eSports Won’t Be Coming To The Olympics Because Games Are Too ‘Violent’

Farai Mudzingwa Avatar

The above title is the excuse used by the president of the International Olympics Committee (IOC) as a reason why esports will not be a part of the next Olympics. Over the past few years eSports have been growing and with an estimated audience of around 350 million, expectation was that sooner rather than later esports would become an Olympic sport.

Thomas Bach ,President of the IOC, has poured some cold water on these expectations citing that the Olympics are not in line with Olympic values. Speaking to the Associated Press at the recently ended Asian Games (which did include esports) he said:

We cannot have in the Olympic program a game which is promoting violence or discrimination, so-called killer games. They, from our point of view, are contradictory to the Olympic values and cannot therefore be accepted.

This is a bit… off, considering the fact that the Olympics have a number of violent ,no wait, “contact” sports such as Amateur boxing, Judo, Fencing, Wrestling and Taekwondo. The president defended this saying these sports are civilised:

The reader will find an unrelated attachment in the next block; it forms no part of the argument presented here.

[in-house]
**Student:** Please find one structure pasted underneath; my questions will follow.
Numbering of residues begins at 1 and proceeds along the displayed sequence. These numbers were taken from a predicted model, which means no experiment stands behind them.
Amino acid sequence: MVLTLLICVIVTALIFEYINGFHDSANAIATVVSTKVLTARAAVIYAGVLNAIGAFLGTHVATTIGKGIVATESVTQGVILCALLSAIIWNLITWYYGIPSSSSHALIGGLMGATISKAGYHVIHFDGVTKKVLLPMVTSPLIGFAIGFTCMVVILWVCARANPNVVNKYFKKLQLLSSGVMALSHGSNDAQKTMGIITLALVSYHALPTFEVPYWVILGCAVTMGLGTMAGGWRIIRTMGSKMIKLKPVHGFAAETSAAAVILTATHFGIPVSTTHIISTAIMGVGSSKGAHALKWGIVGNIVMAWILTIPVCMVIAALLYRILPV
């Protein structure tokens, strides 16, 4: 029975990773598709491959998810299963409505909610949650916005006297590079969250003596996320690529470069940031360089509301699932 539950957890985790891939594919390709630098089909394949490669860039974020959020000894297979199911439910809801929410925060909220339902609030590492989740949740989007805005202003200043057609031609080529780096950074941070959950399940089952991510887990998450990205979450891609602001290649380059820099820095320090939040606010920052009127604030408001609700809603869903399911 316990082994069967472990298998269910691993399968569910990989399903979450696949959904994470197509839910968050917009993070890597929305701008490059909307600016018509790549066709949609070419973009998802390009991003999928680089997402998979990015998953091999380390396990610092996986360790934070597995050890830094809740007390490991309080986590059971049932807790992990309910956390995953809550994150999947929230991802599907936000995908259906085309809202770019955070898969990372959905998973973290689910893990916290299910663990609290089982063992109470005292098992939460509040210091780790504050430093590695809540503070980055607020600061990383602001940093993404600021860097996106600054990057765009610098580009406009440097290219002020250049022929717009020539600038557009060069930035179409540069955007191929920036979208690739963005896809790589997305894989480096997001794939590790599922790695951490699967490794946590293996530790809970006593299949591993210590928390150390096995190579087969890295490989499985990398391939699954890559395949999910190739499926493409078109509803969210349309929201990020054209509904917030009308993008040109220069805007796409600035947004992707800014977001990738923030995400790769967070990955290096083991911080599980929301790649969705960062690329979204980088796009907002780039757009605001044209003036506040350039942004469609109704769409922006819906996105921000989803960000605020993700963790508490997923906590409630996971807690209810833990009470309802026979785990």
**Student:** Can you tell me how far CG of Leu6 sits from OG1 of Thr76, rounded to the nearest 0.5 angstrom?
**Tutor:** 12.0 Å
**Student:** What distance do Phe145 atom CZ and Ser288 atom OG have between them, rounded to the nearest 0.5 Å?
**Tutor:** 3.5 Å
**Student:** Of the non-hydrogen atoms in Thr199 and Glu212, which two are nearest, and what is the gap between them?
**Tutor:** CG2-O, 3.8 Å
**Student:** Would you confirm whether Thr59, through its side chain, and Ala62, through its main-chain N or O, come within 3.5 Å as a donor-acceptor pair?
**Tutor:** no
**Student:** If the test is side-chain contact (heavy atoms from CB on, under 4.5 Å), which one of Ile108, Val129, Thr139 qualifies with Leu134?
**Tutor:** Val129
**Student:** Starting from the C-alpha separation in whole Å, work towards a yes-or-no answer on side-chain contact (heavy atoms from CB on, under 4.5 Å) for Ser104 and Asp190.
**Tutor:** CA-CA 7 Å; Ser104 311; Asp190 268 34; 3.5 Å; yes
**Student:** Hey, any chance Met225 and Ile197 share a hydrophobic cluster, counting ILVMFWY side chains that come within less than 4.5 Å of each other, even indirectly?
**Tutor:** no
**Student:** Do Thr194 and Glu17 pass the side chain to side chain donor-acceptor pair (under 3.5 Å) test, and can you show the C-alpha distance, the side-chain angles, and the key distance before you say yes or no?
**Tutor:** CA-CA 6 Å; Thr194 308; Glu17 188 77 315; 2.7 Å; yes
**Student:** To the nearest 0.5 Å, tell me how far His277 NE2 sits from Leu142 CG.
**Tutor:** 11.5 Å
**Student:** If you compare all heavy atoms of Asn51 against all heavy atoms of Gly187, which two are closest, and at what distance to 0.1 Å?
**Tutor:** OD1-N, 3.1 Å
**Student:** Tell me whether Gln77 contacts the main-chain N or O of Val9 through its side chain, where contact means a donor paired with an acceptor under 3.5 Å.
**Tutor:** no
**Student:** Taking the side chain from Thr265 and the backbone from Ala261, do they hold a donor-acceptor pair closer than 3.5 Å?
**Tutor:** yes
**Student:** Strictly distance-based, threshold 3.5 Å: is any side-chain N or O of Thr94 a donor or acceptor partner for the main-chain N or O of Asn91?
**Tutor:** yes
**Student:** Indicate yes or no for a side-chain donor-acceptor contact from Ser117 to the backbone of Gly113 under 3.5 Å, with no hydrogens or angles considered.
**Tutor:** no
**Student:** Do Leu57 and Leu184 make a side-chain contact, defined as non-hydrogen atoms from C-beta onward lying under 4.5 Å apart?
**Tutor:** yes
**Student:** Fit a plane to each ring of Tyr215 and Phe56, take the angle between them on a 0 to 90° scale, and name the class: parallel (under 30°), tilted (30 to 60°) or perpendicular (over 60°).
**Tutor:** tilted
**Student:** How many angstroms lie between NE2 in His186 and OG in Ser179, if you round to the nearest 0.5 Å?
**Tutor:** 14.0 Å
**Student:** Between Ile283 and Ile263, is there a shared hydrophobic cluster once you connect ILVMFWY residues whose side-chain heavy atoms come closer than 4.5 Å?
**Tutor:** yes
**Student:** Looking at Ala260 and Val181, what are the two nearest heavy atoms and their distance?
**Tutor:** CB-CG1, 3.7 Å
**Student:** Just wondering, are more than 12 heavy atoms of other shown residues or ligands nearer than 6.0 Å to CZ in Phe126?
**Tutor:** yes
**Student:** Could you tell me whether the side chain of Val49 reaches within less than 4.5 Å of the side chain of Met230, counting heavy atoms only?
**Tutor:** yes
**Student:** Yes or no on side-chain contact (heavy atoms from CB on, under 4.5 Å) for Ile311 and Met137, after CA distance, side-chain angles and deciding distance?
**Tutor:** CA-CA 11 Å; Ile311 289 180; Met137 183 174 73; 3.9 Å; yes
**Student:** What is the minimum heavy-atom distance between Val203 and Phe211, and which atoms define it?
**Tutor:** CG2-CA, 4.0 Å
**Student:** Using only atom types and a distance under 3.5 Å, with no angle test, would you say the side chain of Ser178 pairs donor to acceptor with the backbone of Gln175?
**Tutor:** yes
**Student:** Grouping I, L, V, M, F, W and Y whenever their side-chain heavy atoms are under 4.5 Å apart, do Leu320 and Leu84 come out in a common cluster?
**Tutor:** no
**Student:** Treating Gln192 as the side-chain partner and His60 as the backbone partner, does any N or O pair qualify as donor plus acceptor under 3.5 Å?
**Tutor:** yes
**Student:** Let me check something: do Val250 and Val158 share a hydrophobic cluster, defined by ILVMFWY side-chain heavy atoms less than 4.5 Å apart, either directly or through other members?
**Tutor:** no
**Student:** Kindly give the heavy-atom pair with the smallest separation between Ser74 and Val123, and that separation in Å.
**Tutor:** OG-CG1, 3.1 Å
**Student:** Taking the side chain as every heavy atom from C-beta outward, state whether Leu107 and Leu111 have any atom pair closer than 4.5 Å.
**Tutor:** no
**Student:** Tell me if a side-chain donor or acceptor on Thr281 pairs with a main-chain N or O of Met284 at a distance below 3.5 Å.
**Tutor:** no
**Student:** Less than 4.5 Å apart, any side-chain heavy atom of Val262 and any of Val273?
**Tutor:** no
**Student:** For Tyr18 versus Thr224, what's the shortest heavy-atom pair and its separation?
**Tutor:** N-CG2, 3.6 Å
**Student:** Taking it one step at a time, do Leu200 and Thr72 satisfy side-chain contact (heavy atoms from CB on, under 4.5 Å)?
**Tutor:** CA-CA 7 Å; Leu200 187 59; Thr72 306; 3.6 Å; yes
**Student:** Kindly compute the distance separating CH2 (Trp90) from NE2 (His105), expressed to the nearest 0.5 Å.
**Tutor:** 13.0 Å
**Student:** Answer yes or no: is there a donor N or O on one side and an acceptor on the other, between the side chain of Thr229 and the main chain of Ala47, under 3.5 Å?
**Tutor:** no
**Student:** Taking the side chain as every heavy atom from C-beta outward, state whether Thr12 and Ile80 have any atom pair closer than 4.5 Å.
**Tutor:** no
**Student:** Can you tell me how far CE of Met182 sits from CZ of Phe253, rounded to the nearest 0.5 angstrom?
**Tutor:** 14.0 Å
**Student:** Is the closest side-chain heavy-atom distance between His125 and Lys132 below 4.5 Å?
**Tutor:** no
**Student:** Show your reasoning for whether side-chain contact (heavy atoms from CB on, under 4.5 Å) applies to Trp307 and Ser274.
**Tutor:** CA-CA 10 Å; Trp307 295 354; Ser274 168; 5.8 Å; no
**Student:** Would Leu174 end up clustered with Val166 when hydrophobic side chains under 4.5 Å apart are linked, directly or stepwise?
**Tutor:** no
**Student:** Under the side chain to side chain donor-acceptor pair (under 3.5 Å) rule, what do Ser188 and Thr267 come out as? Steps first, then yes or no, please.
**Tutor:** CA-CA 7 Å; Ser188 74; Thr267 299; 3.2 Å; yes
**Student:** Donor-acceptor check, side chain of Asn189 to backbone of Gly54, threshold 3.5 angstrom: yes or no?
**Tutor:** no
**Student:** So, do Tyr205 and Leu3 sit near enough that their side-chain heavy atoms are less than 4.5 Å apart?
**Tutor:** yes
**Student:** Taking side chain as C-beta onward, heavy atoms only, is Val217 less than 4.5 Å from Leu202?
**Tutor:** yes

Of course every combat sport has its origins in a real fight among people. But sport is the civilized expression about this. If you have egames where it’s about killing somebody, this cannot be brought into line with our Olympic values.

Not all games are violent, Mr President

The strange thing about this discussion is that there are popular games such as FIFA, NBA, F1 and other racing games which are a popular part of esports whilst also being far from killer-games. It could be that in the wake of shootings in Florida at an esports tournament the president felt he had to make a statement about esports as a whole, but I don’t think the games are the problem.

Other games such as League of Legends, Overwatch and Fortnite are clearly set in fantasy realms, so I do not see how the violent nature of these games can be translated to real life but I guess that’s a bigger and more controversial debate.

All is not lost…

The one good thing we can take away from this, is that the IOC is still very open to talk about eSports and their president will reportedly list esports on the agenda for the next Olympic summit which will be held in December. What are your thoughts? Should the violent nature of some of these games mean they are ruled out of the Olympics?